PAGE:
- Sponsor Equity Contribution Multiple = 10.0x – 6.0x = 4.0x
We can then multiply the LTM EBITDA by the sponsor equity contribution multiple to figure out how much the financial sponsor had to pay for the deal to close.
- Sponsor Equity Investment = 4.0x × $25mm = $100mm
Before we move onto the exit multiples section, there are two more assumptions for our exercise:
- Holding Period: 5 Years
- Cumulative Debt Paydown: 50%
In the five-year holding period during which the acquired LBO target belongs to the sponsor, half of its total debt financing is expected to be paid down.
- Total Debt Paydown = Initial Debt Raised × Debt Paydown %
- Total Debt Paydown = $150mm × 50% = $75mm
On the date of exit, there should be $75mm in debt remaining on the balance sheet of the company.
Since our entry assumptions have all been set up, we’re ready to see the impact of the exit multiple on the returns of a LBO.
We’ll be comparing three scenarios with different exit multiples:
- 8.0x: Multiple Contraction of – 2.0x
- 10.0x: Purchase Multiple = Exit Multiple
- 12.0x: Multiple Expansion of 2.0x
To isolate the impact of the exit multiple as much as possible, the LTM EBITDA assumed at exit is going to be the same as the LTM EBITDA on the date of purchase – i.e. no EBITDA growth is assumed throughout the holding period.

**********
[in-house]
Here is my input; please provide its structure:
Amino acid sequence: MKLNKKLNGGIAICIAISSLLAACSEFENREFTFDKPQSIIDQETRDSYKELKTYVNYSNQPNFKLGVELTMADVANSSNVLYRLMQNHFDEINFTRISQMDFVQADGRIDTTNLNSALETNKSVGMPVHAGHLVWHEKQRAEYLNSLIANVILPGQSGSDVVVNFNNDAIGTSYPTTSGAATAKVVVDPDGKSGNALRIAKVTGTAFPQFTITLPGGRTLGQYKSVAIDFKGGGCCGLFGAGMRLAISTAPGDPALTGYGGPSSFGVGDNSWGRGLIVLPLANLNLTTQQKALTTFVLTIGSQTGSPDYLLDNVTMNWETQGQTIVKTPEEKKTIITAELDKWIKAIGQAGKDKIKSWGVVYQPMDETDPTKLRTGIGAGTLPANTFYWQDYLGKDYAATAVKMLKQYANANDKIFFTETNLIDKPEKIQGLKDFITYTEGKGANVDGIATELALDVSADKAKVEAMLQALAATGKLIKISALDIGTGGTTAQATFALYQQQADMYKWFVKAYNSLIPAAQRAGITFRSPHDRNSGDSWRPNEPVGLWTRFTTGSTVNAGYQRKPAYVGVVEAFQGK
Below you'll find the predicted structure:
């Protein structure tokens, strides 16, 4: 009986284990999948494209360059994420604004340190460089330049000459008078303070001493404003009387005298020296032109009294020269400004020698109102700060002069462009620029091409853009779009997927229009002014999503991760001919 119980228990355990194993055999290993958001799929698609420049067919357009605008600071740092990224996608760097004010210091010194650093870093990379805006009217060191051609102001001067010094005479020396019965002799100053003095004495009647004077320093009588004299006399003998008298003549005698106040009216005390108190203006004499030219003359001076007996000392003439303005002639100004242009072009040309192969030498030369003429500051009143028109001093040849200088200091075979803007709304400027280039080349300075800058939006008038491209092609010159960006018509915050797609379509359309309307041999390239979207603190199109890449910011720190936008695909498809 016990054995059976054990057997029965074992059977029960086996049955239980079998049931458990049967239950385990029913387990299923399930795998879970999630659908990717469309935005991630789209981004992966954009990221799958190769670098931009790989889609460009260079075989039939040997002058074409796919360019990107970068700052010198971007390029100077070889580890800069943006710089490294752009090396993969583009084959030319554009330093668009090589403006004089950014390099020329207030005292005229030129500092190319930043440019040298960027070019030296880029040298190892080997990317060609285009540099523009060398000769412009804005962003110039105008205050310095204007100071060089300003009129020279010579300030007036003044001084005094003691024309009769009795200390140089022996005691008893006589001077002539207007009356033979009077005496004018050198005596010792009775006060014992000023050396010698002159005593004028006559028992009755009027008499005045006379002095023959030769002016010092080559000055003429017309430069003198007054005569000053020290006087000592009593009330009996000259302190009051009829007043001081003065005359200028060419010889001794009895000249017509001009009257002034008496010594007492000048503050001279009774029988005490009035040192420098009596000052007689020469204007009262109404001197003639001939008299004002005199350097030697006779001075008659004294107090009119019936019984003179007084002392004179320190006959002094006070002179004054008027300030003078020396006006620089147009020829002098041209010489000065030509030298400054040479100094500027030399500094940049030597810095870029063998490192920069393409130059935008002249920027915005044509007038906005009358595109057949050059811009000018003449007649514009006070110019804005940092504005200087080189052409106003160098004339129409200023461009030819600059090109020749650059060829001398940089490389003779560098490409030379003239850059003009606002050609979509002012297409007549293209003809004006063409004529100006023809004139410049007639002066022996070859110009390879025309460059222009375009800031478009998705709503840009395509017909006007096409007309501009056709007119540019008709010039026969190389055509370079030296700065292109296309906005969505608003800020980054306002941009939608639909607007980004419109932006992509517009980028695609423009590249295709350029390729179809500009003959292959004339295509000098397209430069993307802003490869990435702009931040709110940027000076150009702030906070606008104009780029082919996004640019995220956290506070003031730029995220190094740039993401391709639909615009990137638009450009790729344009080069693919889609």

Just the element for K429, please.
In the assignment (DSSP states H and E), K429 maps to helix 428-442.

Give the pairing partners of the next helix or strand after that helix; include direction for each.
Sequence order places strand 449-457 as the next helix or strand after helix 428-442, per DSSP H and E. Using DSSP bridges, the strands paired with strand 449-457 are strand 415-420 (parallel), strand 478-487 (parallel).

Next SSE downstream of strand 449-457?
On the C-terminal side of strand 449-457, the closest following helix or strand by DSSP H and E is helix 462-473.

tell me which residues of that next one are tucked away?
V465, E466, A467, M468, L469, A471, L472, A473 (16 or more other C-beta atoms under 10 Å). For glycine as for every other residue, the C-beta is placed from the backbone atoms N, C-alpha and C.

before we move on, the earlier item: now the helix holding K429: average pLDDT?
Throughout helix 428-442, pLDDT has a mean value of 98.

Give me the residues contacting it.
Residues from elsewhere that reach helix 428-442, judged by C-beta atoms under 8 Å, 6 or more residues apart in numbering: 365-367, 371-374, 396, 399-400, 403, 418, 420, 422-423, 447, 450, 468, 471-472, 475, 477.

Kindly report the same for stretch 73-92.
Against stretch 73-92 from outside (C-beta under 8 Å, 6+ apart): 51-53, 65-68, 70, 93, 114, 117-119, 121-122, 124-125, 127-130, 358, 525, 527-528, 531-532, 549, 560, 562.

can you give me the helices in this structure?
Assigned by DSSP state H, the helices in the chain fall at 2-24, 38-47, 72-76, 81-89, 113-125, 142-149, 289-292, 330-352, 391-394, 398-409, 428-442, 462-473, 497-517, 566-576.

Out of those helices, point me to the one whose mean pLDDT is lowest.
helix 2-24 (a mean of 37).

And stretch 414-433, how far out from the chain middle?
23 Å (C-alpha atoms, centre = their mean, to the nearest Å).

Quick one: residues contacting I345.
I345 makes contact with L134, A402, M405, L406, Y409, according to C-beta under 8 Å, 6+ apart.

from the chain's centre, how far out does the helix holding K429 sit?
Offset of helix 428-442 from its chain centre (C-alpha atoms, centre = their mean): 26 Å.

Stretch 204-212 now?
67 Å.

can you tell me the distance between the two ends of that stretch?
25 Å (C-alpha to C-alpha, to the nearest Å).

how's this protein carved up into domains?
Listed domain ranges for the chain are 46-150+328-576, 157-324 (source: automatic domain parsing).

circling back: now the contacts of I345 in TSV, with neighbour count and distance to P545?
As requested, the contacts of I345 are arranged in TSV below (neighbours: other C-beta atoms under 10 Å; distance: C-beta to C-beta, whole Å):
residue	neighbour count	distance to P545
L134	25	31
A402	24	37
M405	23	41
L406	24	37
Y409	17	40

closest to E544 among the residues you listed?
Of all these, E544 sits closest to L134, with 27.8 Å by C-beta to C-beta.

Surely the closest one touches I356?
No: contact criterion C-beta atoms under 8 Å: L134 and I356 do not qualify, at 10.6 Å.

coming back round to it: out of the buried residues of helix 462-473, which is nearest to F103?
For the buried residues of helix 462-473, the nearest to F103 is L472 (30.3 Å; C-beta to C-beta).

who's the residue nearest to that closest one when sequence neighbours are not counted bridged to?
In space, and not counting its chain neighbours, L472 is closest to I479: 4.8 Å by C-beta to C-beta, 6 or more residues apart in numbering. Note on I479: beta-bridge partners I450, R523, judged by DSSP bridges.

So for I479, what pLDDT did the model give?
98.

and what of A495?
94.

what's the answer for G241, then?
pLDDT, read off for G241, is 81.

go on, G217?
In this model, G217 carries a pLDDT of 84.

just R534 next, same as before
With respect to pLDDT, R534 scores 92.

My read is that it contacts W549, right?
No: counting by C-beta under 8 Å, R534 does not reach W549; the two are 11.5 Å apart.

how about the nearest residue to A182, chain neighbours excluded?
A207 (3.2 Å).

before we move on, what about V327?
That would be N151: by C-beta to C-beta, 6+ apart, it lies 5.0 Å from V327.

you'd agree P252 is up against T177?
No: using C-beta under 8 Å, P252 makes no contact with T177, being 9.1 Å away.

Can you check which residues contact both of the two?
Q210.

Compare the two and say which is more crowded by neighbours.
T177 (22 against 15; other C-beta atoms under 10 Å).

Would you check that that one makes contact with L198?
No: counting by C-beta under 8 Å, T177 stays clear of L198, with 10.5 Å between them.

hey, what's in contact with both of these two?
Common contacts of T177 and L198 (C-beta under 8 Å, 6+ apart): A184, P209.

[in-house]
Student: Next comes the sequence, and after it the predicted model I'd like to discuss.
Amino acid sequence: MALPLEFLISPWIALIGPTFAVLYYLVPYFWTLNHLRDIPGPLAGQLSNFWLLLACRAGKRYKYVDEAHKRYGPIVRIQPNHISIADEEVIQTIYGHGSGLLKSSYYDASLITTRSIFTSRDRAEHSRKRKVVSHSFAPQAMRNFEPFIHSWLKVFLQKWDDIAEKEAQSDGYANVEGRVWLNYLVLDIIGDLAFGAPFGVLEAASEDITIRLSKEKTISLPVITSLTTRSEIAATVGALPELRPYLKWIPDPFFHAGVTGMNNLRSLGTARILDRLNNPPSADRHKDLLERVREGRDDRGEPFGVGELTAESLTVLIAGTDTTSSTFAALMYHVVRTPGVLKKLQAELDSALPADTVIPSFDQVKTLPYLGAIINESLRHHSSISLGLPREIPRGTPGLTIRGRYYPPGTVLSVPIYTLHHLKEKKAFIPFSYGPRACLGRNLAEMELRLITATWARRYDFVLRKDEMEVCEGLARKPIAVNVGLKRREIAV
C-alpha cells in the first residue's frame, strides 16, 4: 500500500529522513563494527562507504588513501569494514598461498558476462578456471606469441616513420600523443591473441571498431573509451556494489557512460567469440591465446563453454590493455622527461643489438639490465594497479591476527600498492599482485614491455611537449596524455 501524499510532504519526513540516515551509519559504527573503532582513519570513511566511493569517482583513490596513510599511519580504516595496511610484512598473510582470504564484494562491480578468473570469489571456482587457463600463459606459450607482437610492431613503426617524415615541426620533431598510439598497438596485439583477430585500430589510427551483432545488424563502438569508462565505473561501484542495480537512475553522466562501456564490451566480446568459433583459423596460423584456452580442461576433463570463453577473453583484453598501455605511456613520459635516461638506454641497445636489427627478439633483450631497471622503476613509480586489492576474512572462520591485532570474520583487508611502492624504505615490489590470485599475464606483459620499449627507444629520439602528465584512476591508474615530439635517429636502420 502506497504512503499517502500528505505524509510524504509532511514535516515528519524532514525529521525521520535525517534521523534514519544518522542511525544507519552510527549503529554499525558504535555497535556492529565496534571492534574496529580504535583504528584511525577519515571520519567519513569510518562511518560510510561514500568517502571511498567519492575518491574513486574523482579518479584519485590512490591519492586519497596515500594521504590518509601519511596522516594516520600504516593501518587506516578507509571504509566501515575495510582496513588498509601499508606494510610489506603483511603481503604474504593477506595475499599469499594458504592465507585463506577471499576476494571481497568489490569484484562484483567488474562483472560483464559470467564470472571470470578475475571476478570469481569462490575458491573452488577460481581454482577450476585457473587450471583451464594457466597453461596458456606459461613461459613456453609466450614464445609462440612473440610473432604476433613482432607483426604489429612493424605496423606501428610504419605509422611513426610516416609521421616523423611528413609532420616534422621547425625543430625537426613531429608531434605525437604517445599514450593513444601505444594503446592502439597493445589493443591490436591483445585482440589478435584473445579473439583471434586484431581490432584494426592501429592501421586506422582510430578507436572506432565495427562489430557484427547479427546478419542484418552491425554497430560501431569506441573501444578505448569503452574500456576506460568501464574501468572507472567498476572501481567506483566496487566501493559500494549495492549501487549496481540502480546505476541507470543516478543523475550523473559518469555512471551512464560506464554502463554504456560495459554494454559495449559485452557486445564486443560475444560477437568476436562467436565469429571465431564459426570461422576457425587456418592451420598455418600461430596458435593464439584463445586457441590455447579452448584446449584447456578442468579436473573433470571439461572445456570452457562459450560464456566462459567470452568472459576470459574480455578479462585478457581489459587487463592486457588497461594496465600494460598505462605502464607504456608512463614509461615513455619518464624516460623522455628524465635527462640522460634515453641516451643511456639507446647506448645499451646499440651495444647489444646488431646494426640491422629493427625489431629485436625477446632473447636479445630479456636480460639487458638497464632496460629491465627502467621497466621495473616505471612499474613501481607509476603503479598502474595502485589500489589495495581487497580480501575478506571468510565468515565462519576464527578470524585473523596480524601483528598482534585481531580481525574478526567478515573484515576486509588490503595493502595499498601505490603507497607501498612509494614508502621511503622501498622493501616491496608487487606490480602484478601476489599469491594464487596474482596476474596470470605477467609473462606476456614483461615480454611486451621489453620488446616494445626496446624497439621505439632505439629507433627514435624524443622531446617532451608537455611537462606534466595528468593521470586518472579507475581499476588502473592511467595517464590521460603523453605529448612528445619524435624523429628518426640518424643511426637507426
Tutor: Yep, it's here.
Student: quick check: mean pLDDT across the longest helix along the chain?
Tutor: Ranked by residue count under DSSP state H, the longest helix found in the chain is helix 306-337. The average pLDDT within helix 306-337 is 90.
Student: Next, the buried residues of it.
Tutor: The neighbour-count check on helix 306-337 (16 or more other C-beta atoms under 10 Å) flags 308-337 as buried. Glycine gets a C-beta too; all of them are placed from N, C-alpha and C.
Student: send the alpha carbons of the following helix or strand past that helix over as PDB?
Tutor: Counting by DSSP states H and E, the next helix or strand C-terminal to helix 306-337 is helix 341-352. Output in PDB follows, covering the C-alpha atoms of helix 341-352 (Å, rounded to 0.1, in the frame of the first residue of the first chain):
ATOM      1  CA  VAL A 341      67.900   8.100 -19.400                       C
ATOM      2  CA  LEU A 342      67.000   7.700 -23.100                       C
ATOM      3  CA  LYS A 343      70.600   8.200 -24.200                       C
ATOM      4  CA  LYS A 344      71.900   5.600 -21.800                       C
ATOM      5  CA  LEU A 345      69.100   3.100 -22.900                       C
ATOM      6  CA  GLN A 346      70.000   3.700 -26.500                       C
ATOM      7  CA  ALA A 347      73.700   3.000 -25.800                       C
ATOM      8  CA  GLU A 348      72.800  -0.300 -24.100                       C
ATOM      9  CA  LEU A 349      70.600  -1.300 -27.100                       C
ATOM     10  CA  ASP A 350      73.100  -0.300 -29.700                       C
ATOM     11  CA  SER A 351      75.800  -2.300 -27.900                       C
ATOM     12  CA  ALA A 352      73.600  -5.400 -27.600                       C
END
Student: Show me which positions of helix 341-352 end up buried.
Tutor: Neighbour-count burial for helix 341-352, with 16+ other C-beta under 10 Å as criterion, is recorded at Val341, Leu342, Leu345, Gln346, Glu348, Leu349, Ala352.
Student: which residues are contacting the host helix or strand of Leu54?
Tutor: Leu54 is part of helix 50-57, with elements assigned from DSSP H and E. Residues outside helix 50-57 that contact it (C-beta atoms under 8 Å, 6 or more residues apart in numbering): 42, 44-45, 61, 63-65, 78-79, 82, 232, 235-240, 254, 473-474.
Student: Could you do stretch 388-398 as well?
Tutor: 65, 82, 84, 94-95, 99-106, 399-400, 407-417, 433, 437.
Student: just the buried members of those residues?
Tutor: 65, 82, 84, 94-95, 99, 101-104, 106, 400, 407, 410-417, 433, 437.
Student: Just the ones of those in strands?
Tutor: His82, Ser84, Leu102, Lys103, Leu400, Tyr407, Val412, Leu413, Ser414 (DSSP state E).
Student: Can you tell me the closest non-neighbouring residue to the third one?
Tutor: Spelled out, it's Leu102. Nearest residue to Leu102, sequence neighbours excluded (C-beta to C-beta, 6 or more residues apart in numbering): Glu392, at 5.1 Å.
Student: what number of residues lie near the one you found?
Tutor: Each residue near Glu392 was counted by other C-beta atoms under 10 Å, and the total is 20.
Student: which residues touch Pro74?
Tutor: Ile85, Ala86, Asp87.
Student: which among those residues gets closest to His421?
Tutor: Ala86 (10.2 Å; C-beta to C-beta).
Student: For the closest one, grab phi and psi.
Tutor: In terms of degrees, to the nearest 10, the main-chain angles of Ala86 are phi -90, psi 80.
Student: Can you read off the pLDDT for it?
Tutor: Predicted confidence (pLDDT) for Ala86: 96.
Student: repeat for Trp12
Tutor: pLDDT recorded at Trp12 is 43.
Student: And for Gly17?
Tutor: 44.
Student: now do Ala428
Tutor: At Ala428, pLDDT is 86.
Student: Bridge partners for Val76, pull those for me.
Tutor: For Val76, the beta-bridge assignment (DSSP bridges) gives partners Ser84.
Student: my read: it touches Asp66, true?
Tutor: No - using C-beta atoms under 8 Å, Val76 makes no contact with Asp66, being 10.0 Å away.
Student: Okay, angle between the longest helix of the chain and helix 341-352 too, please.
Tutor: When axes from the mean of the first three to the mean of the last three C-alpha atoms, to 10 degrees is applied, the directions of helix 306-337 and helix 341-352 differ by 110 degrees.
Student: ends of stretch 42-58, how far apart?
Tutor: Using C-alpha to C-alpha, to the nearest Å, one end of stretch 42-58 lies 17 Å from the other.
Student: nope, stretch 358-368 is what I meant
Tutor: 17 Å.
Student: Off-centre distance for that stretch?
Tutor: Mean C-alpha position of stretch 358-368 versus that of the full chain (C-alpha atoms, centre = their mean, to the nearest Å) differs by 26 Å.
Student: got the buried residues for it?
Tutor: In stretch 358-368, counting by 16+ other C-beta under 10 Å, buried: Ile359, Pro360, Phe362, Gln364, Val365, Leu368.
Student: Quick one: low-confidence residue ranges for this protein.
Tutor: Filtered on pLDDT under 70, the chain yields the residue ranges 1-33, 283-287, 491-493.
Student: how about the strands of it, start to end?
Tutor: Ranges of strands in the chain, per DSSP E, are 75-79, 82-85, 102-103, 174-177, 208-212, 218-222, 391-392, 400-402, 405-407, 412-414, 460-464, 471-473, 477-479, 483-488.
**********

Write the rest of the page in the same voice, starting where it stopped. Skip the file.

Given the unchanged exit $25mm LTM EBITDA, we apply the corresponding exit multiple against this figure.
- Scenario 1: Exit Enterprise Value = $25mm × 8.0x = $200mm
- Scenario 2: Exit Enterprise Value = $25mm × 10.0x = $250mm
- Scenario 3: Exit Enterprise Value = $25mm × 12.0x = $300mm
For each case, we must subtract the $75mm in debt. Note that for simplicity, we are assuming there is no cash remaining on the B/S at exit – thus net debt is equal to total debt.
- Scenario 1: Exit Equity Value = $200mm – $75mm = $125mm
- Scenario 2: Exit Equity Value = $250mm – $75mm = $175mm
- Scenario 3: Exit Equity Value = $300mm – $75mm = $225mm
The difference in the range of outcomes across these three scenarios is $100mm.
Returns Calculation (IRR and MoM)
- Scenario 1: IRR = 4.6% and MoM = 1.3x
- Scenario 2: IRR = 11.8% and MoM = 1.8x
- Scenario 3: IRR = 17.6% and MoM = 2.3x
From the exercise we just completed, we can see the extent of how sensitive the returns on a LBO investment are to the purchase multiple and exit multiple.